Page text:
Morris addresses nineteenth century revivals in several chapters. British Neoclassicism (like that of France) is seen to arise in eighteenth-century Rome, although English admiration for French Neoclassicism by and large turned to distaste as it became tainted with radical politics. Chapter XVIII, "Classicism, Idealism, and Symbolism," discusses the role of French ideas in the decoration of the new Palace of Westminster in the late 1830s and 1840s. Morris also stresses the influence of France on the Classical Revival of the 1860s. Frederic Leighton, Edward Poynter, Thomas Armstrong, and Edward Burne-Jones, among others, are examined for their commitment to the idea of pure aestheticism. Ary Scheffer and Paul Delaroche are seen to be the most important models for English artists, rather than Ingres, who was generally perceived to have the French faults of dryness and laboriousness. Chapter XVI, "Architecture and the Gothic Revival," discusses the French roots of its leader, A. W. Pugin. Morris also traces the influence of Early French Gothic on the architectural designs of G. E. Street and William Burges. Even the English country house was influenced by French style, as designers of opulent interiors often looked to French Rococo or the Neo-Renaissance style associated with Napoleon III.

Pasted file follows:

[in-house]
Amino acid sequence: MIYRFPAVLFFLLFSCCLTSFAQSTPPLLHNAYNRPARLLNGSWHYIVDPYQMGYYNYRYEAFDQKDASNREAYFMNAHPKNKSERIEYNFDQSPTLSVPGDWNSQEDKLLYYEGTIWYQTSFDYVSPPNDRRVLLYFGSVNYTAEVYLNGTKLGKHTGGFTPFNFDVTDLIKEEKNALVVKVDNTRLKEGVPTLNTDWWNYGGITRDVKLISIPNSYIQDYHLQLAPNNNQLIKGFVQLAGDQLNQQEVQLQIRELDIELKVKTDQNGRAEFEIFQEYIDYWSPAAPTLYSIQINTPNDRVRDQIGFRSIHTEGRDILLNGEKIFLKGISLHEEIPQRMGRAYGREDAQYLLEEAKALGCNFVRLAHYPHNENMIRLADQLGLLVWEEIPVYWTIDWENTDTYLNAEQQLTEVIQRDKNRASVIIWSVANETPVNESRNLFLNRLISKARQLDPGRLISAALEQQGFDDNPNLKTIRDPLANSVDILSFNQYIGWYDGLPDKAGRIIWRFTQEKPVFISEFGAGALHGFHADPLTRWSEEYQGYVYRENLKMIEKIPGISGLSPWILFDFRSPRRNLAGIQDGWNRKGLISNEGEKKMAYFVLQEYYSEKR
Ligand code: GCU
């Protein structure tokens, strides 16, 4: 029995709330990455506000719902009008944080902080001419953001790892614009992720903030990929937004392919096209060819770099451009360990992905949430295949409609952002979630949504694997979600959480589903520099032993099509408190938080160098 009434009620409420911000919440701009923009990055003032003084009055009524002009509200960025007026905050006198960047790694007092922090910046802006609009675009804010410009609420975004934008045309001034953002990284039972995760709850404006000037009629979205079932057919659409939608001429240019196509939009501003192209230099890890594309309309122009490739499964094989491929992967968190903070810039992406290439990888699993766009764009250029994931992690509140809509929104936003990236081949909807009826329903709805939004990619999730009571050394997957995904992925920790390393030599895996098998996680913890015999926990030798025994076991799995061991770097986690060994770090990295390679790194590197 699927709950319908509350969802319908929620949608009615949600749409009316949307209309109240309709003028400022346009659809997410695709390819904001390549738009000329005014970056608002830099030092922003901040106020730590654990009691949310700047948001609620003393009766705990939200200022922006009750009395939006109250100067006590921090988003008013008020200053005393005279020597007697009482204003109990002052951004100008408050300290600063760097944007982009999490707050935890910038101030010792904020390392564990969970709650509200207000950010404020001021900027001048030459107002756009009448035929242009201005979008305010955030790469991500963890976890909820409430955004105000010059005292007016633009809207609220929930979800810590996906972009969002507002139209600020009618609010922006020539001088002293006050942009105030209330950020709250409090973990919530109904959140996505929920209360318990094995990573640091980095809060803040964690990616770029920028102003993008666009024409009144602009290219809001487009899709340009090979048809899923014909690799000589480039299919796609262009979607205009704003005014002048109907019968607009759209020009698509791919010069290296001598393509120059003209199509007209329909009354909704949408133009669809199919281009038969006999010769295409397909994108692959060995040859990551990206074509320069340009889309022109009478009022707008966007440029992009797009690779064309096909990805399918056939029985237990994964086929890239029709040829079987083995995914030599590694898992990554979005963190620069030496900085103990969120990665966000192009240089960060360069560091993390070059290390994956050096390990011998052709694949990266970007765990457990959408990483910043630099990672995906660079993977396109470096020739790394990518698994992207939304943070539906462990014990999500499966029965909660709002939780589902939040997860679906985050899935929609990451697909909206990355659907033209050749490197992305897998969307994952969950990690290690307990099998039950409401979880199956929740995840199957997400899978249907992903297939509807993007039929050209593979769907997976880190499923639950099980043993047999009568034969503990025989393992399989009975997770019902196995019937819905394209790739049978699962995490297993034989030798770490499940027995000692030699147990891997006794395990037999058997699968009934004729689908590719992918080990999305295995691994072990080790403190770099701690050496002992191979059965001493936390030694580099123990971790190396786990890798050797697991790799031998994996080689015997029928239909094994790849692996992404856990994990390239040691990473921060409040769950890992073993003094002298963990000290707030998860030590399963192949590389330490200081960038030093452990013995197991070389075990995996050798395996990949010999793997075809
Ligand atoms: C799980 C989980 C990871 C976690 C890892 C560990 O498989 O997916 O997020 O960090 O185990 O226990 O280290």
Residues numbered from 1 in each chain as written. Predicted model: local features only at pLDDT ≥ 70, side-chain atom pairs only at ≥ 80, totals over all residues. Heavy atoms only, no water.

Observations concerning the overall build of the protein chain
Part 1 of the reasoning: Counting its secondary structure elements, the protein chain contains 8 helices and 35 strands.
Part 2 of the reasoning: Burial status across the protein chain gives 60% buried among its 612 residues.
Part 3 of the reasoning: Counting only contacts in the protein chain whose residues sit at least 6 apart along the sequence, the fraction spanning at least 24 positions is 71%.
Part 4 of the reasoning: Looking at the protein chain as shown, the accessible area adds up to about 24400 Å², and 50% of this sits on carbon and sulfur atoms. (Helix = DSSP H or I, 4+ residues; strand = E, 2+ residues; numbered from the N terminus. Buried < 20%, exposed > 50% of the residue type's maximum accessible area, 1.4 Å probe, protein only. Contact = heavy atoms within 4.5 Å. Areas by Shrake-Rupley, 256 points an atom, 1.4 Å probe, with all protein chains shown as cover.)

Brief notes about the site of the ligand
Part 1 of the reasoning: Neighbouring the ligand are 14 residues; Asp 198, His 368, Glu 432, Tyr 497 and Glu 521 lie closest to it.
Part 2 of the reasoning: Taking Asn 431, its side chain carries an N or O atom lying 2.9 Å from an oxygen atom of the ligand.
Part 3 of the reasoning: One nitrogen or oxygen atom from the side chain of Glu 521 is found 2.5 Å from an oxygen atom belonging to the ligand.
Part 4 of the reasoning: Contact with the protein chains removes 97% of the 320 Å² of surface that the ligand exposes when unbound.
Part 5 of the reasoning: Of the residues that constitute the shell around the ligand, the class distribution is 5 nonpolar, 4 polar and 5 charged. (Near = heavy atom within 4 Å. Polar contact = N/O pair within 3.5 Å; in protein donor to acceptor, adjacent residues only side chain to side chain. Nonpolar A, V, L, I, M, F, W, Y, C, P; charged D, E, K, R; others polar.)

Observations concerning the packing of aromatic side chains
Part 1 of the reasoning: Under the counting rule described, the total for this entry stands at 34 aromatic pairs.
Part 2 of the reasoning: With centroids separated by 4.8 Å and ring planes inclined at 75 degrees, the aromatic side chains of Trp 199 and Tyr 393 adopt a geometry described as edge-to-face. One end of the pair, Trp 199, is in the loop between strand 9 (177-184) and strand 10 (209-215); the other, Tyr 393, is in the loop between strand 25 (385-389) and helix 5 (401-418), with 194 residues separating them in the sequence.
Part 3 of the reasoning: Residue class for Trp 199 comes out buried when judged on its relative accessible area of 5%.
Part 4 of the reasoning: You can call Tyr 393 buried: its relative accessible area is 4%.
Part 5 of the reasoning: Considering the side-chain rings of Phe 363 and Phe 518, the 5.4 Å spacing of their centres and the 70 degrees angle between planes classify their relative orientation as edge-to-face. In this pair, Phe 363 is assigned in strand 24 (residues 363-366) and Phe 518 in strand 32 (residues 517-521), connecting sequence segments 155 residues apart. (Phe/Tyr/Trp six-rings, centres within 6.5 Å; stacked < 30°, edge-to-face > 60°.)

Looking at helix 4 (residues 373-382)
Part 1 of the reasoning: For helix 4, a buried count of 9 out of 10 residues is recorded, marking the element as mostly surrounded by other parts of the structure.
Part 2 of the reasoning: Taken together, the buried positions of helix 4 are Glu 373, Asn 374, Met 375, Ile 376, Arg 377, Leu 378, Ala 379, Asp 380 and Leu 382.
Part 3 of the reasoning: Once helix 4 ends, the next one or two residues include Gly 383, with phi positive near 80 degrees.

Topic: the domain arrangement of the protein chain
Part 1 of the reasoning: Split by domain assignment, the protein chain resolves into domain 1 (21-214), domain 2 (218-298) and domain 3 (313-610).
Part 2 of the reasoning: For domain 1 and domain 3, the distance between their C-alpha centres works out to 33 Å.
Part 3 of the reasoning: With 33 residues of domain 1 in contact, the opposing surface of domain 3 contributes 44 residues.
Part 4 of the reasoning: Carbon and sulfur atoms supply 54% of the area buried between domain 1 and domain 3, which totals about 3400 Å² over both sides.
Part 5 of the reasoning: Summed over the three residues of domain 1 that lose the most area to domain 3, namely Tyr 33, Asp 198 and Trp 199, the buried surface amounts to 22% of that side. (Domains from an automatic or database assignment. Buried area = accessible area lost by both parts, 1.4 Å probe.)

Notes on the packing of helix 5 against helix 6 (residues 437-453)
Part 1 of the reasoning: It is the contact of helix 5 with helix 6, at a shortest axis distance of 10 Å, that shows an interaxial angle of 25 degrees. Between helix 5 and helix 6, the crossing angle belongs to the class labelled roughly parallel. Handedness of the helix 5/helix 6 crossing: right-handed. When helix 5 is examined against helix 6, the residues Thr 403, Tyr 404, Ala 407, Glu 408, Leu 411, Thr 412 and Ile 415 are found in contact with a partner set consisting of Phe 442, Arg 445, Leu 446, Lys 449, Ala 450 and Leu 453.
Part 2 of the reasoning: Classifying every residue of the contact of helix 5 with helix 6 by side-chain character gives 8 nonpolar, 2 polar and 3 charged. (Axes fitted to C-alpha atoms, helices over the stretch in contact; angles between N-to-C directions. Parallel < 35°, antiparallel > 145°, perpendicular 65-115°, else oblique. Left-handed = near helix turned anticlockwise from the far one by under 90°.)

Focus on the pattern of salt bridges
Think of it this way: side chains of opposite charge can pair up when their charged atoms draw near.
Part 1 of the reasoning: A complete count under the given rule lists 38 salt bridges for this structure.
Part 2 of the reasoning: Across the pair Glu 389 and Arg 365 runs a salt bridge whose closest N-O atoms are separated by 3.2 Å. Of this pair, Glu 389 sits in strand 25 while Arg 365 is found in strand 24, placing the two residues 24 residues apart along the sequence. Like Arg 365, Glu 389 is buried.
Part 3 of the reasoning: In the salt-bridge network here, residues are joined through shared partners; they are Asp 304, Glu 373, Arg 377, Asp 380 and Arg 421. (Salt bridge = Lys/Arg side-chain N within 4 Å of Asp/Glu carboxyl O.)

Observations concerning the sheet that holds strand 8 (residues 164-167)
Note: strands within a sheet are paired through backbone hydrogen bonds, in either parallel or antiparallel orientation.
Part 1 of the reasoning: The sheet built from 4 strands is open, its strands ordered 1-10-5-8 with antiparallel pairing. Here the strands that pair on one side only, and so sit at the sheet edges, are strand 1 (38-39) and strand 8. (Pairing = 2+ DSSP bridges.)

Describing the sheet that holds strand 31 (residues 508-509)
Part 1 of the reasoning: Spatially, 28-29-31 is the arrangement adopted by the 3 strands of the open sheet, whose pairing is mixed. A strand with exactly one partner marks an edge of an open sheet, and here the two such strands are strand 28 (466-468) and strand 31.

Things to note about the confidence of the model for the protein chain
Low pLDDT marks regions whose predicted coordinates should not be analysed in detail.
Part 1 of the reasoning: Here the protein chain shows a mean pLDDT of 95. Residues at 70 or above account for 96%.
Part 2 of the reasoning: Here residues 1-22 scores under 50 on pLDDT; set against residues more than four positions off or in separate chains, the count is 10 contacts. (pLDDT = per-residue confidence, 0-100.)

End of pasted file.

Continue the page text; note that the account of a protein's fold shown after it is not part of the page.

Morris's survey of sculpture in nineteenth century England also stresses French influence. Carlo Marochetti and Henri Triqueti, both from France, had great success in England, although they were subject to "xenophobic opposition" from serious British artists and critics (p. 248). David d'Angers had many English pupils. Jules Dalou brought French ideas on naturalism and surface modeling to the Slade and the South Technical Art School in Lambeth. The "New Sculpture" of Frederic Leighton and Alfred Gilbert can be related to Dalou's approach. French sculpture probably had its greatest influence in Britain in the decorative arts, however: artist-craftsmen such as A.-É. Carrière-Belleuse significantly raised the level of design for manufacturers of porcelain, silver, and metalwork.